Diagnosing Washing Machine Drain Problems

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Have you ever had a load of laundry that just didn’t seem to want to get clean? If you have, the problem might not be your washer or detergent. It could be your washing machine drain. With a little maintenance and care, however, it won’t take long before those clothes are as fresh as they were when they went in! In this article we will explore how to keep those pesky drains from holding up your wash day. Let’s find out all about diagnosing washing machine drain problems.

First off, what is a washing machine drain? Essentially it consists of two different tubes for water flow: one outgoing tube and one incoming tube. The outgoing tube allows dirty water out of the machine while the incoming tube lets clean water back into the drum. A clean drain is essential to the performance of your washing machine. If you are not cleaning your drain every few months, then you are risking clogs which can cause damage to your clothes and even flooding in your home. Fortunately, it only takes a couple minutes each time you run a load of laundry to maintain this important part of the appliance’s plumbing system.

Check the Manual First

The guidelines of safety and use of a product must be taken into consideration by the consumer. The guidelines are written in manuals that come with new appliances. These manuals provide specific information about the your washing machine. It is important to make sure that you read these manuals before using your washing machine or else you may be putting yourself in harms way. The same goes when you are diagnosing the problem of your washing machine.

Inspect the Drain Hose

If you’re not sure what’s wrong with your washing machine, then check to see if the water is coming out of the hose. If not, then you might need a new hose. On the other hand, check for a clog in the hose. In order to diagnose this problem, look at the hose’s drain hole and make sure that it drains properly. Clogs can also happen internally in the hose, but this problem usually shows up on the outside first.

It Could be the Drain Pump

The most common indicator is the sound of the pump. If you hear a humming noise when the washer is in its drain cycle, it is likely that you have a pump with an impeller that has failed. I recommend that you turn off your power and then inspect the pump for any visible damage or debris that could be interfering with its operation. A clogged drain line can also cause improper drainage.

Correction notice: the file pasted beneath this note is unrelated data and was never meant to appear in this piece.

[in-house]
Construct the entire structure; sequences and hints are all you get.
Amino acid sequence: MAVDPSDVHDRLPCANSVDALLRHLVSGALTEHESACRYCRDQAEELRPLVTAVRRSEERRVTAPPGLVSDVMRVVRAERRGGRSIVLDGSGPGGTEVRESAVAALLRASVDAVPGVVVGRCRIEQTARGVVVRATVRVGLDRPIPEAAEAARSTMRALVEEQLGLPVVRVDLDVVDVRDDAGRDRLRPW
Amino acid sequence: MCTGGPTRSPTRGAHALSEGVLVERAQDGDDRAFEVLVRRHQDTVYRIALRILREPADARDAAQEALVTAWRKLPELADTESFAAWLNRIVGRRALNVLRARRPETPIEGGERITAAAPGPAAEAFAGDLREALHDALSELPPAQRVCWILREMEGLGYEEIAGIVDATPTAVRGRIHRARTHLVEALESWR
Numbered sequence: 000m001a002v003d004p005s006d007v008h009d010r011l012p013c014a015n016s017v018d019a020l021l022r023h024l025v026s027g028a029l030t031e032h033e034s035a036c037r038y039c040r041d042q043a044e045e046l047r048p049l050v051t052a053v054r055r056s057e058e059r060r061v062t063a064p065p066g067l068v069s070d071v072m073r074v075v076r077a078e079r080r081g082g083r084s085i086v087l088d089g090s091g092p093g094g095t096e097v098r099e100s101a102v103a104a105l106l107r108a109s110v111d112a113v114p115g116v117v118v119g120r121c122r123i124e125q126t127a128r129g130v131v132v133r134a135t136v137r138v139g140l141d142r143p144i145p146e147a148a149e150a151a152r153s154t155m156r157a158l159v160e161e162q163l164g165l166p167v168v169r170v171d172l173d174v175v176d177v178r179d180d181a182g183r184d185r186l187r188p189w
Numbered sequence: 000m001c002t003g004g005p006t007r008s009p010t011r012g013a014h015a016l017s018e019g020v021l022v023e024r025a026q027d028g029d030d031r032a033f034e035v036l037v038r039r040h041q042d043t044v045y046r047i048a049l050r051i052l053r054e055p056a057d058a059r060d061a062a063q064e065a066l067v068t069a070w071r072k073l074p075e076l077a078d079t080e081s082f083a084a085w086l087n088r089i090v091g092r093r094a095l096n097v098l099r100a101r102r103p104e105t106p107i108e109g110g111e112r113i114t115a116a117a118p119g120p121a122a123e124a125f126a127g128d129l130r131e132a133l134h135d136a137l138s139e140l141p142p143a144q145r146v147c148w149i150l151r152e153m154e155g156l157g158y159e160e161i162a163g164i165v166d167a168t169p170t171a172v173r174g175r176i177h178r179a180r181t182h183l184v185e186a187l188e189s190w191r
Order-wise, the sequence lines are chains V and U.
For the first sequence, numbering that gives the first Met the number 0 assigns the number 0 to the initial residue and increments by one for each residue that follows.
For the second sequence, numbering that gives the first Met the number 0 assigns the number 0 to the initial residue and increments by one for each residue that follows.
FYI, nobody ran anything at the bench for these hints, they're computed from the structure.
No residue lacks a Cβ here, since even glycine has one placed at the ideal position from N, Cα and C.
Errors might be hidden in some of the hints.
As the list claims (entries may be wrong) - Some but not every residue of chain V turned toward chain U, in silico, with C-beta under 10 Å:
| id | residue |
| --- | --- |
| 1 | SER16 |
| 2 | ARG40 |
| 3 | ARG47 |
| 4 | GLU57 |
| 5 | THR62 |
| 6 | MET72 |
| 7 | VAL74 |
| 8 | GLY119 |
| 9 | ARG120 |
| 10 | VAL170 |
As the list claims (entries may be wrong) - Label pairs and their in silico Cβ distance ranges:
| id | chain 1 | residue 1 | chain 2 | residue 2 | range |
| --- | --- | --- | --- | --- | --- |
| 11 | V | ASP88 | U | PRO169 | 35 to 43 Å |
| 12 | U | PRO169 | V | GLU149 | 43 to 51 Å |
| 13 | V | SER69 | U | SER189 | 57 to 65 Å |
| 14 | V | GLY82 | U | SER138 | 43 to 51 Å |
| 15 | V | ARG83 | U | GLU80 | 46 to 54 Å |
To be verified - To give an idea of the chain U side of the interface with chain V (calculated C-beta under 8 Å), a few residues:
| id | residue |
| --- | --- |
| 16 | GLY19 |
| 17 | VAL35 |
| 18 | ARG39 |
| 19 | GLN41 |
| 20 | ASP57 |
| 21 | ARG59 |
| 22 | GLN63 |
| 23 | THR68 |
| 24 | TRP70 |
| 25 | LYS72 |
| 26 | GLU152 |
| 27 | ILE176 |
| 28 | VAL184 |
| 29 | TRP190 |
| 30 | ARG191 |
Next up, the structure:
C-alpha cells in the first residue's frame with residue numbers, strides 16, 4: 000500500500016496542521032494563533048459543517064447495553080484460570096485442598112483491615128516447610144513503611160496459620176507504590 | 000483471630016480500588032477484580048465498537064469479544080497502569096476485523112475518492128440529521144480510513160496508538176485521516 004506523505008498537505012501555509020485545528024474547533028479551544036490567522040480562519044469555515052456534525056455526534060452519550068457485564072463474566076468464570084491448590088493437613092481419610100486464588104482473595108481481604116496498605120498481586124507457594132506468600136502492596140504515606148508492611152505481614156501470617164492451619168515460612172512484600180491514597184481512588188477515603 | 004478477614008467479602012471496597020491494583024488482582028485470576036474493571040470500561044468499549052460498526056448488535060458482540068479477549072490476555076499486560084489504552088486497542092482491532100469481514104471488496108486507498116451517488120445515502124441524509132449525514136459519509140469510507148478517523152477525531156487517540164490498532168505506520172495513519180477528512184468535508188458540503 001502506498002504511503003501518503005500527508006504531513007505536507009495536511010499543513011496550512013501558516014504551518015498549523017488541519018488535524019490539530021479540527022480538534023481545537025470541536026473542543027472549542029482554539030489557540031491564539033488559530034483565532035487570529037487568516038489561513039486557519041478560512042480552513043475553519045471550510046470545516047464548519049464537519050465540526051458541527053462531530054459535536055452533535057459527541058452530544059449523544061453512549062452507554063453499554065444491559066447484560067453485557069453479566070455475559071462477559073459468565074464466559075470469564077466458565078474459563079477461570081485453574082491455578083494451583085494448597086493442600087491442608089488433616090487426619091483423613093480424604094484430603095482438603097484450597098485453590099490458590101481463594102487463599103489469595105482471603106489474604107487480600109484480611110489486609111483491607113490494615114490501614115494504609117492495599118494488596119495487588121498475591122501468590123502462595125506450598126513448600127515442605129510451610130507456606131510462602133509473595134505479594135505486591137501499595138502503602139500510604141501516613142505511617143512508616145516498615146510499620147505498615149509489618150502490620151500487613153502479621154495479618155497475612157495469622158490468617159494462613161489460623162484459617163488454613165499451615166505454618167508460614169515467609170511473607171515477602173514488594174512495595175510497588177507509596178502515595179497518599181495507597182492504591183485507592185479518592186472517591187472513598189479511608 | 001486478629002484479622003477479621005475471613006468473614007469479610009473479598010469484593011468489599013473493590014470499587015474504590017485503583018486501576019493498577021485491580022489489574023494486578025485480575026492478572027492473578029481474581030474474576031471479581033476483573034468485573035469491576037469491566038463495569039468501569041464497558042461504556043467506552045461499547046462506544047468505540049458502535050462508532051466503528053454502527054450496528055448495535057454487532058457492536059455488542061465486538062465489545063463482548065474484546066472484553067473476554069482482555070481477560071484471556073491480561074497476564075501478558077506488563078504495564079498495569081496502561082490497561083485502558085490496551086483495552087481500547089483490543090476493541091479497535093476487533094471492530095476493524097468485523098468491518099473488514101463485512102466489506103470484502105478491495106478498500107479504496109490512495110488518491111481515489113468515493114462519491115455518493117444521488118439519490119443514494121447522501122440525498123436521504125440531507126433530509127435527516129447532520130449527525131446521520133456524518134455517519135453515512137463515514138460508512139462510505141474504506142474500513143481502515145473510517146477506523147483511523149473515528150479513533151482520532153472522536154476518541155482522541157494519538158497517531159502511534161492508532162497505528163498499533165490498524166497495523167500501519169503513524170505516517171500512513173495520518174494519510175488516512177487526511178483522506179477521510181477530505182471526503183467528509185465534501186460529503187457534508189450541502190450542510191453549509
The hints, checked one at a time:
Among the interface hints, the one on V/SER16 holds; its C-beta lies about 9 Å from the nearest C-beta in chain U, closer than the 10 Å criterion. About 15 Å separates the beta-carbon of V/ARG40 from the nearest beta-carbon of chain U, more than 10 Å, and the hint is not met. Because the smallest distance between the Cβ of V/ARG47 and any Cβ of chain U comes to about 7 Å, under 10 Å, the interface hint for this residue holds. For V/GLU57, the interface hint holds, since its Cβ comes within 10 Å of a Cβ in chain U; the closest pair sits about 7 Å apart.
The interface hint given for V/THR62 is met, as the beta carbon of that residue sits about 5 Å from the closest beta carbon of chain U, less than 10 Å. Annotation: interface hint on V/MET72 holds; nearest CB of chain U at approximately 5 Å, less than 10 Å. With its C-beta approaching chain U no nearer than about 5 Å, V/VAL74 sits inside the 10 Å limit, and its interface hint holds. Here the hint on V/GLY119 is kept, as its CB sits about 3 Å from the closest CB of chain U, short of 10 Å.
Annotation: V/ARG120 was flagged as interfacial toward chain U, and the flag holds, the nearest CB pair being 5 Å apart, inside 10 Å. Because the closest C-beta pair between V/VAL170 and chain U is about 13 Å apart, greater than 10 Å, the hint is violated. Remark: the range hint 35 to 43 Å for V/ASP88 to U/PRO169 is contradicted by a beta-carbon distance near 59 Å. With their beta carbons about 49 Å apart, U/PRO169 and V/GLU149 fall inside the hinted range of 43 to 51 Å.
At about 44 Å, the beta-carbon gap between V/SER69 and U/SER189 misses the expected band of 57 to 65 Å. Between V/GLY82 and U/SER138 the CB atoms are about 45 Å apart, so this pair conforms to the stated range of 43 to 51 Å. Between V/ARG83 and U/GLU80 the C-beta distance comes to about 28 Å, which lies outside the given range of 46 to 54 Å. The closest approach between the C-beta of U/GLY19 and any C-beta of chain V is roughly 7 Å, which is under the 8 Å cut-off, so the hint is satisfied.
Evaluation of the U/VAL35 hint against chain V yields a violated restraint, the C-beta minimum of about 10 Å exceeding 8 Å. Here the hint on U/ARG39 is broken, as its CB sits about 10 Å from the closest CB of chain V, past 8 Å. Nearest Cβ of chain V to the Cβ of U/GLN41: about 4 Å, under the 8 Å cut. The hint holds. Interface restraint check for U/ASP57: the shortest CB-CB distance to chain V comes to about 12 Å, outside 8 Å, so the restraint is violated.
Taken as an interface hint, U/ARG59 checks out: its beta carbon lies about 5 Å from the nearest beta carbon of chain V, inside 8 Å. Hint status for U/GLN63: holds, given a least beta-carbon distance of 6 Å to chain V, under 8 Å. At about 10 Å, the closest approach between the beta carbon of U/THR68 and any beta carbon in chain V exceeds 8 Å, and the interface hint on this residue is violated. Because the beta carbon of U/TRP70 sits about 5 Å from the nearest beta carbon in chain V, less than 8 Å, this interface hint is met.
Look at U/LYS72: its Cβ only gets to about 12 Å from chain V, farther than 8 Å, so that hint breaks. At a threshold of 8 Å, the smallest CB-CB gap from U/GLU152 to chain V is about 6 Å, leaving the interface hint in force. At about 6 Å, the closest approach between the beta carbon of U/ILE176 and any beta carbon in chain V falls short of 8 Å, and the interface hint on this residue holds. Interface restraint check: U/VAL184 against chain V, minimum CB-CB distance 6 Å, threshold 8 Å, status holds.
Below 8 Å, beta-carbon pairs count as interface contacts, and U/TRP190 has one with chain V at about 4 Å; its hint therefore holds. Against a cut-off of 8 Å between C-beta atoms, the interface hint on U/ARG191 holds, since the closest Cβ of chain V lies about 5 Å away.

If your machine is slow to respond when you turn the knob to start it, this may be an indication of lint buildup. If you have used excessive amounts of soap while washing clothes, this could also cause clogging in your drain pump. To eliminate any excess detergent or fabric softener from running down your drain pump and causing clogs, make sure to rinse your clothes thoroughly before loading them in the front loaders wash tub.

The Drive Belt

The most common cause of a broken drive belt is if something has been caught in the belt and it broke. Drive belts can also break if they get old, especially if the appliance gets a lot of use. The cost of a new belt will depend on how old it is and where you buy it from.

The Lid Switch

The lid switch is an important part of your washing machine. It detects when the lid is closed and sends a signal to the control board to start the wash cycle. If this sensor fails, you will not be able to complete any cycles.

 

Your washing machine drain is one of the most important parts of your appliance. It’s also an often ignored part!

It might seem like a minor detail, but it can make or break your laundry day. You should never underestimate the importance of keeping it clean and free from buildup. So, after diagnosing the root cause of the problem, you can try fixing it yourself but you can also get services from professional people who knows diagnosing washing machine drain problems more than you do. Please click here to learn more.

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